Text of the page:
The Art Institute's recently opened exhibit "Benin-Kings
and Rituals: Court Arts from
Nigeria" has thrust Chicago into an international debate over the rightful ownership of African art held in western museums.
The Art Institute does not own any of the 220 objects on display as part of the exhibit, but does own 20 objects from Benin that a spokesman says it would consider returning to Nigeria if asked to do so.
The controversy has hovered in the background of the exhibit since its July 8 opening, attended by several dignitaries from Nigeria and the Kingdom of Benin, including Princess Theresa Erediauwa, daughter of the Oba - or king - of Benin, now part of Nigeria.
Although the objects in the exhibit are on loan from the Oba and Nigeria's Commission for Museums and Monuments, the subject has cast light on AIC director James Cuno's controversial assertions in his book "Who Owns Antiquity?"
Cuno defends such African art holdings, suggesting that antiquities are not national symbols but part of a global inheritance best displayed in "museums of ideas, not ideologies."
Cuno could not be reached for comment for this story.
AIC spokeswoman Erin Hogan says the book does not represent the Institute's position.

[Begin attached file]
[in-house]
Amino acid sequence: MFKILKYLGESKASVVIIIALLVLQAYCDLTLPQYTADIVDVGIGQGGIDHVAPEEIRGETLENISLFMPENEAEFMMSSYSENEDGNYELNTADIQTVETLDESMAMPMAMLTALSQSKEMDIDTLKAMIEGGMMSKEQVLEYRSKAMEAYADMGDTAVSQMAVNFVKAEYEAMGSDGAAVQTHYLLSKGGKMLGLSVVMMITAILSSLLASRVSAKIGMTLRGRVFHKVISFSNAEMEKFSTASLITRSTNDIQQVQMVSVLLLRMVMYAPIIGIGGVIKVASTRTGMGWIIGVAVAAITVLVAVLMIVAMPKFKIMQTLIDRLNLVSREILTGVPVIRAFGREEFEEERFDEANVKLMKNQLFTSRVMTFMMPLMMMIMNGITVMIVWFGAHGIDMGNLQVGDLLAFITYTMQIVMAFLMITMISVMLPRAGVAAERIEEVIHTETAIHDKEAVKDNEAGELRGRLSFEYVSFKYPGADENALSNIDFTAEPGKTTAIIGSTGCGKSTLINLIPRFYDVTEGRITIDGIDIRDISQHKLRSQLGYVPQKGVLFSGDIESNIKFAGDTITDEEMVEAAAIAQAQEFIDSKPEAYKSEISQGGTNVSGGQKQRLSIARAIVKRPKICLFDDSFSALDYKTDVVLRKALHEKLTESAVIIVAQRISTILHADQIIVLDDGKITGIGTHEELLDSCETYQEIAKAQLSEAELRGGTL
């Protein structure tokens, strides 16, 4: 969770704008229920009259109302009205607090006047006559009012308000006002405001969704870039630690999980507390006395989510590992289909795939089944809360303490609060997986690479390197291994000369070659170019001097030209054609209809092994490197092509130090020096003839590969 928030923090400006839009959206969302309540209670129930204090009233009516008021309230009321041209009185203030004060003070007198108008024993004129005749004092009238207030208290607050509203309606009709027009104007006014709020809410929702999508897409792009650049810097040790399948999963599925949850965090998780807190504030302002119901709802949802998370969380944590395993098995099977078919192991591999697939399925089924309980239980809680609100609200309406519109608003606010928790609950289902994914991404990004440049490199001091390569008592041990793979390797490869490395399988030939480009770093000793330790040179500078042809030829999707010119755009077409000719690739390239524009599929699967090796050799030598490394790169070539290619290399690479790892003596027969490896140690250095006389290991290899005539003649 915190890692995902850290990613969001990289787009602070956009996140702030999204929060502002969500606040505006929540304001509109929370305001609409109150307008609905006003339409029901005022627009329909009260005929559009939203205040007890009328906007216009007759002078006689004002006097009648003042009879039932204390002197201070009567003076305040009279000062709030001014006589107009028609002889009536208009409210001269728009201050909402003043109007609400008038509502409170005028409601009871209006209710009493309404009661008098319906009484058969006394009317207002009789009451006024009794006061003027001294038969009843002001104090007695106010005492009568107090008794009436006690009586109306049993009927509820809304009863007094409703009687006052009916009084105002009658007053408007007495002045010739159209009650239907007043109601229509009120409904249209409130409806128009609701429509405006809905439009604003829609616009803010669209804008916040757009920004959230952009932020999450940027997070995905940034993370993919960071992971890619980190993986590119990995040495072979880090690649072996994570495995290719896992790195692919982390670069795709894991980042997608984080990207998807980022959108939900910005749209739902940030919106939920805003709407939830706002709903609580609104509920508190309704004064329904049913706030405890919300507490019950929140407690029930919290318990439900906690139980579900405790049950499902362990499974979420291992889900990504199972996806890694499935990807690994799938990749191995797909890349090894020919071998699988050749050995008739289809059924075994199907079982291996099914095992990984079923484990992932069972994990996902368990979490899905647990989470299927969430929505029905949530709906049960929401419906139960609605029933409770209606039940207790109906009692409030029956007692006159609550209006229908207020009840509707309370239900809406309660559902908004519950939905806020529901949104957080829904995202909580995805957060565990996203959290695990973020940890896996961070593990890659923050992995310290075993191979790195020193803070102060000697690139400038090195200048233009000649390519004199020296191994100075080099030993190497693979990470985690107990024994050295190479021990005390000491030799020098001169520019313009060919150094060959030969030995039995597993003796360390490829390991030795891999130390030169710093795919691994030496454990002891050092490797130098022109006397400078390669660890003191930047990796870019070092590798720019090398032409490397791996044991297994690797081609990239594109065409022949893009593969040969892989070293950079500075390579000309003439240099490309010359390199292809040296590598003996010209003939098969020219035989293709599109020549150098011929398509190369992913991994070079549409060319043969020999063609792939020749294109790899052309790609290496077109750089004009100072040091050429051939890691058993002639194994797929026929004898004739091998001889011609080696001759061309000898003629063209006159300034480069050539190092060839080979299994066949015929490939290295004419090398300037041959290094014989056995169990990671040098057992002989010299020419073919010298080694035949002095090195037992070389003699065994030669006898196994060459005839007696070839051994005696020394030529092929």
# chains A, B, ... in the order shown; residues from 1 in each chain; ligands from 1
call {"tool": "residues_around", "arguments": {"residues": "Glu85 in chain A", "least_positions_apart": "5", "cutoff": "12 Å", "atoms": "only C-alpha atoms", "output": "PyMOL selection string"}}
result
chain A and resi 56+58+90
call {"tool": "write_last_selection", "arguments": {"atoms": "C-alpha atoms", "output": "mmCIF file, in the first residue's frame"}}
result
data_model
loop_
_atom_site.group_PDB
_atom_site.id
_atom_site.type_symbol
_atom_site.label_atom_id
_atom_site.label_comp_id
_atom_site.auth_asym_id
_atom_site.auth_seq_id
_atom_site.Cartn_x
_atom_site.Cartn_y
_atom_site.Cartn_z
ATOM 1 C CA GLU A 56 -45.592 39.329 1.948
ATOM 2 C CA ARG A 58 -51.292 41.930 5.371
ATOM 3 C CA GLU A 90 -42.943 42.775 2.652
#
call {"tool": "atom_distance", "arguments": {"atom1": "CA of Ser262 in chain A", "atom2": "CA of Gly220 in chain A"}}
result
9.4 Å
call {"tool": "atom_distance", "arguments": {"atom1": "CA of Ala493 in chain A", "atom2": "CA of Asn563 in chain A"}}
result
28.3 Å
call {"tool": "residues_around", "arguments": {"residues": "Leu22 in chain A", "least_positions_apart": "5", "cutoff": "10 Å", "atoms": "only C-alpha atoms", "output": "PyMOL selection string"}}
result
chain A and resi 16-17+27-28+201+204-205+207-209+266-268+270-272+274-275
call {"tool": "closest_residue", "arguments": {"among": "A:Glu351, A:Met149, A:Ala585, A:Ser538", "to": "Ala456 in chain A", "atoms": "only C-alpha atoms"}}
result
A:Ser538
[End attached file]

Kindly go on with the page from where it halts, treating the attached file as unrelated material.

Chicago's Field Museum owns 400 objects from Benin, most of which were taken in the "punitive expedition," a brutal 1897 attack by the British in which the ancient city was burned and looted of its artwork.
Most of the Field Museum's collection was donated by ethnologist A.W.F. Fuller and his wife in 1961, according to the museum.
Restitution advocates say the brutality of the expedition and the destruction of Benin is enough to question the legality of Western museums holding the objects.
Greg Borzo, the media manager for scientific affairs at the Field Museum and the Art Institute, said that if the Nigerian government or the Oba of Benin asked for the return of the antiquities, they would take the request seriously.
Restitution advocates like the British-based Africa Reparations Movement argue that such museums glorify plunder and celebrate imperialism's legacy of exploitation.
"The Benin artworks belong to a living culture that has deep historical and social value which goes far beyond the aesthetic and monetary value they hold in exile," the organization says on its website.
ARM draws parallels between its efforts to return to Nigeria objects taken during the punitive expedition to efforts by Greece and Egypt to have their antiquities returned.
Joel Okafor, a professor at Chicago's Roosevelt University and a fellow of the St. Clair Drake Center for African and African-American Studies at Roosevelt, said the exhibit shows the "ugly and lasting aftertaste of the impact of colonial rule and its enduring cultural legacies."
Okafor says the debate over the return of African antiquities to their native countries has produced limited results, but he is optimistic. "The world is finally demanding that human beings own up to the excesses of the past."